• Garlic.
• Cranberries.
• Citrus fruits.
• Yellow and red vegetables.
• Green leafy vegetables.
• Egg whites.
• Tomatoes.
• Soy and legumes.
• Avocado.
• Bell Pepper.
• Cashews.
How effective are collagen supplements in improving skin health?

As we mentioned earlier collagen synthesis in the body occurs naturally, but it may decrease with age, and because of the importance of collagen in supporting the health of the skin, some people may resort to using supplements that contain collagen, but we also mentioned that stomach acids break down collagen protein into its amino acids. So how do supplements help?

When collagen supplements are manufactured they go through an external collagen breakdown process which facilitates the absorption of the amino acids. However it must be made clear that whatever the form of the collagen supplement, the body will break it down into amino acids, and it will not be absorbed in its original form. Collagen supplements are available in several pharmaceutical forms such as; Pills, capsules, and powder.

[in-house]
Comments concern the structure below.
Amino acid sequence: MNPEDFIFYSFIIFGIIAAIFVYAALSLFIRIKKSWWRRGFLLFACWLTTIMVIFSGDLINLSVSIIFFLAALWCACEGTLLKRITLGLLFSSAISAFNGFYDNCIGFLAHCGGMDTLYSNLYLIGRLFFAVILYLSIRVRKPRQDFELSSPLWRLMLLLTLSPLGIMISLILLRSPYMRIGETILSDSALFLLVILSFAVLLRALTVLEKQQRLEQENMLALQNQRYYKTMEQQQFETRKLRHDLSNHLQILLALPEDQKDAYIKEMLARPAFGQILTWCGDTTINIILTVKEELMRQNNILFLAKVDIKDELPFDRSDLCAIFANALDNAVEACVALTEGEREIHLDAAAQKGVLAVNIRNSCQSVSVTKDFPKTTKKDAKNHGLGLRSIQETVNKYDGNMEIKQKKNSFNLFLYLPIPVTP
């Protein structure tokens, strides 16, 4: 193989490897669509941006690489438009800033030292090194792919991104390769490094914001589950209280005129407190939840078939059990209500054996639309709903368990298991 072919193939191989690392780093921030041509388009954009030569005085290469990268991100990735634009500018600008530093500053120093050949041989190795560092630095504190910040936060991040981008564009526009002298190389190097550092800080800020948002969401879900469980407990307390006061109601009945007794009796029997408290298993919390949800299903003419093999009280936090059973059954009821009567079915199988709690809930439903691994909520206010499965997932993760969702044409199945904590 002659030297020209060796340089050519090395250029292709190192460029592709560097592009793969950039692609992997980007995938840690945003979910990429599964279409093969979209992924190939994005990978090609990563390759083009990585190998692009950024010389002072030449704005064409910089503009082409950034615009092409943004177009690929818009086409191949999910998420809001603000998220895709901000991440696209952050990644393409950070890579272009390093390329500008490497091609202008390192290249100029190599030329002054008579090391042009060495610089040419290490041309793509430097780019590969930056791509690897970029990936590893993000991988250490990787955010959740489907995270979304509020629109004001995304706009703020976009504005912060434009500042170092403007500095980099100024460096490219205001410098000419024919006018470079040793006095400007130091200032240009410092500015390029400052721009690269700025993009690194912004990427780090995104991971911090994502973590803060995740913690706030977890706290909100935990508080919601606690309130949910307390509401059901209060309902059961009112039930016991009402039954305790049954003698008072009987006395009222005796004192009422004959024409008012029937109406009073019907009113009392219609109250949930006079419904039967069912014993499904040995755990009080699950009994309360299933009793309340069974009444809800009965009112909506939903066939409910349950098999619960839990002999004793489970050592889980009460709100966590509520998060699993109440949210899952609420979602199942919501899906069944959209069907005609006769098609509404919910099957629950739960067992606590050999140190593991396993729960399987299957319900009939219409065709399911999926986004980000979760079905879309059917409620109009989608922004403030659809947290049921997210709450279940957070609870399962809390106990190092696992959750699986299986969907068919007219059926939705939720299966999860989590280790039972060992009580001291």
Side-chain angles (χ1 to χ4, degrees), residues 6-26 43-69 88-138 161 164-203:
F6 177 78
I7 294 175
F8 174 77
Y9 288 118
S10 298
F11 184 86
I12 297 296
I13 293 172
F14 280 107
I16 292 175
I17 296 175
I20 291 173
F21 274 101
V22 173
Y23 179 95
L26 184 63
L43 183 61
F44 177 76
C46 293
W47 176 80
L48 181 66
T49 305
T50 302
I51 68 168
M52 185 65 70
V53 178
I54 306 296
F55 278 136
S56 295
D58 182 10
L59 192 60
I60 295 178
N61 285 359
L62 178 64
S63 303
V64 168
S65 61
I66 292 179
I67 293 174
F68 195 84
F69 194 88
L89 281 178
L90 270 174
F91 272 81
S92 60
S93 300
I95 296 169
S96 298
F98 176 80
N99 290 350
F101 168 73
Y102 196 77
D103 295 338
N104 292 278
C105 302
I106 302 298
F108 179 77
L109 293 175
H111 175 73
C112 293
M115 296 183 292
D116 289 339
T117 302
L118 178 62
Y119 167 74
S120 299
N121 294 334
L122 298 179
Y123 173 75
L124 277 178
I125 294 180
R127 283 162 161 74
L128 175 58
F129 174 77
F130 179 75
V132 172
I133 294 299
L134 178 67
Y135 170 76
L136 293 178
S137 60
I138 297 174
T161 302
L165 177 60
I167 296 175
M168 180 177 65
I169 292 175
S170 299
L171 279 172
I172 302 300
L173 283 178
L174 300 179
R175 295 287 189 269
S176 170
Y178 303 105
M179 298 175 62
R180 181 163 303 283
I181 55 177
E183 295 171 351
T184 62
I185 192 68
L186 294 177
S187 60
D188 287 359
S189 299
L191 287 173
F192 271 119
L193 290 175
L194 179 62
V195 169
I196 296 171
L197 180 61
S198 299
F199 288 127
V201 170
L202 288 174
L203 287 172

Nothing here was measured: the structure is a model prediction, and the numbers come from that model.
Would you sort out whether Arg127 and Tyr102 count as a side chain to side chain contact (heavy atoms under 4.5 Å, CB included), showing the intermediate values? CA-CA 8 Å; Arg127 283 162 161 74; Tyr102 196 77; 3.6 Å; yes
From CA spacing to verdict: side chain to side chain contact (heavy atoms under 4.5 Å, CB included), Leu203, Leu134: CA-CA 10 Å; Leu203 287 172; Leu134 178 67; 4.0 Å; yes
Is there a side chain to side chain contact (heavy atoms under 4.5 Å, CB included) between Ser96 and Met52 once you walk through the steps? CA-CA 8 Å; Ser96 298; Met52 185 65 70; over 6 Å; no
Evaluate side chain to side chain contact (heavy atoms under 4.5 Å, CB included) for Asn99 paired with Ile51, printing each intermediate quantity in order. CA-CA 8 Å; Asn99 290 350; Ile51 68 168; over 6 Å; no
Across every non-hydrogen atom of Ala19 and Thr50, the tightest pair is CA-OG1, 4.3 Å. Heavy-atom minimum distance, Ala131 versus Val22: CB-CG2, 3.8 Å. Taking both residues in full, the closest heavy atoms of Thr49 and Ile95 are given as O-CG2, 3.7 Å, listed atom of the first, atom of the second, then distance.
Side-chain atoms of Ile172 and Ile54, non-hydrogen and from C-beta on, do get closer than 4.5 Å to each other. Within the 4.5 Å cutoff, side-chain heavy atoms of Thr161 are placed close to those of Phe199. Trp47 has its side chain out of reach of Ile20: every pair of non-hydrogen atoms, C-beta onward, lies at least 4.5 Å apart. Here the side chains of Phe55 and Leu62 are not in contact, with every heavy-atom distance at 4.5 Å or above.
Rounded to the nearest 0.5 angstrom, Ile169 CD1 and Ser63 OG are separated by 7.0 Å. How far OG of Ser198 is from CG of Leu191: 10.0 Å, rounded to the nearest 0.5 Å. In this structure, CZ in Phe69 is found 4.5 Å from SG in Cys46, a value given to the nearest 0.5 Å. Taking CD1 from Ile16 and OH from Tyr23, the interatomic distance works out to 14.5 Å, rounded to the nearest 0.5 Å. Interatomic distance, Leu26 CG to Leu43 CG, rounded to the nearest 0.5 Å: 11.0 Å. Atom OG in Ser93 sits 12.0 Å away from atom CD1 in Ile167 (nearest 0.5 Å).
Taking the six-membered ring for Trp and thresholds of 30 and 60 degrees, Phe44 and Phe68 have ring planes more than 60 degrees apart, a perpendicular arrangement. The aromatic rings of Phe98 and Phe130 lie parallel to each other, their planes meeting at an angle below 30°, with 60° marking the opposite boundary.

As for the importance of collagen supplements for skin health, this has been demonstrated in two studies as follows:

• In a study published in the Journal of Medical Nutrition and Nutraceuticals, which examined the effect of women's consumption of a mixture of vitamins, minerals, hydrolyzed collagen (the form in the supplement), and hyaluronic acid, the study showed a decrease in the severity of wrinkles in women, in addition to an improvement in skin moisture and elasticity.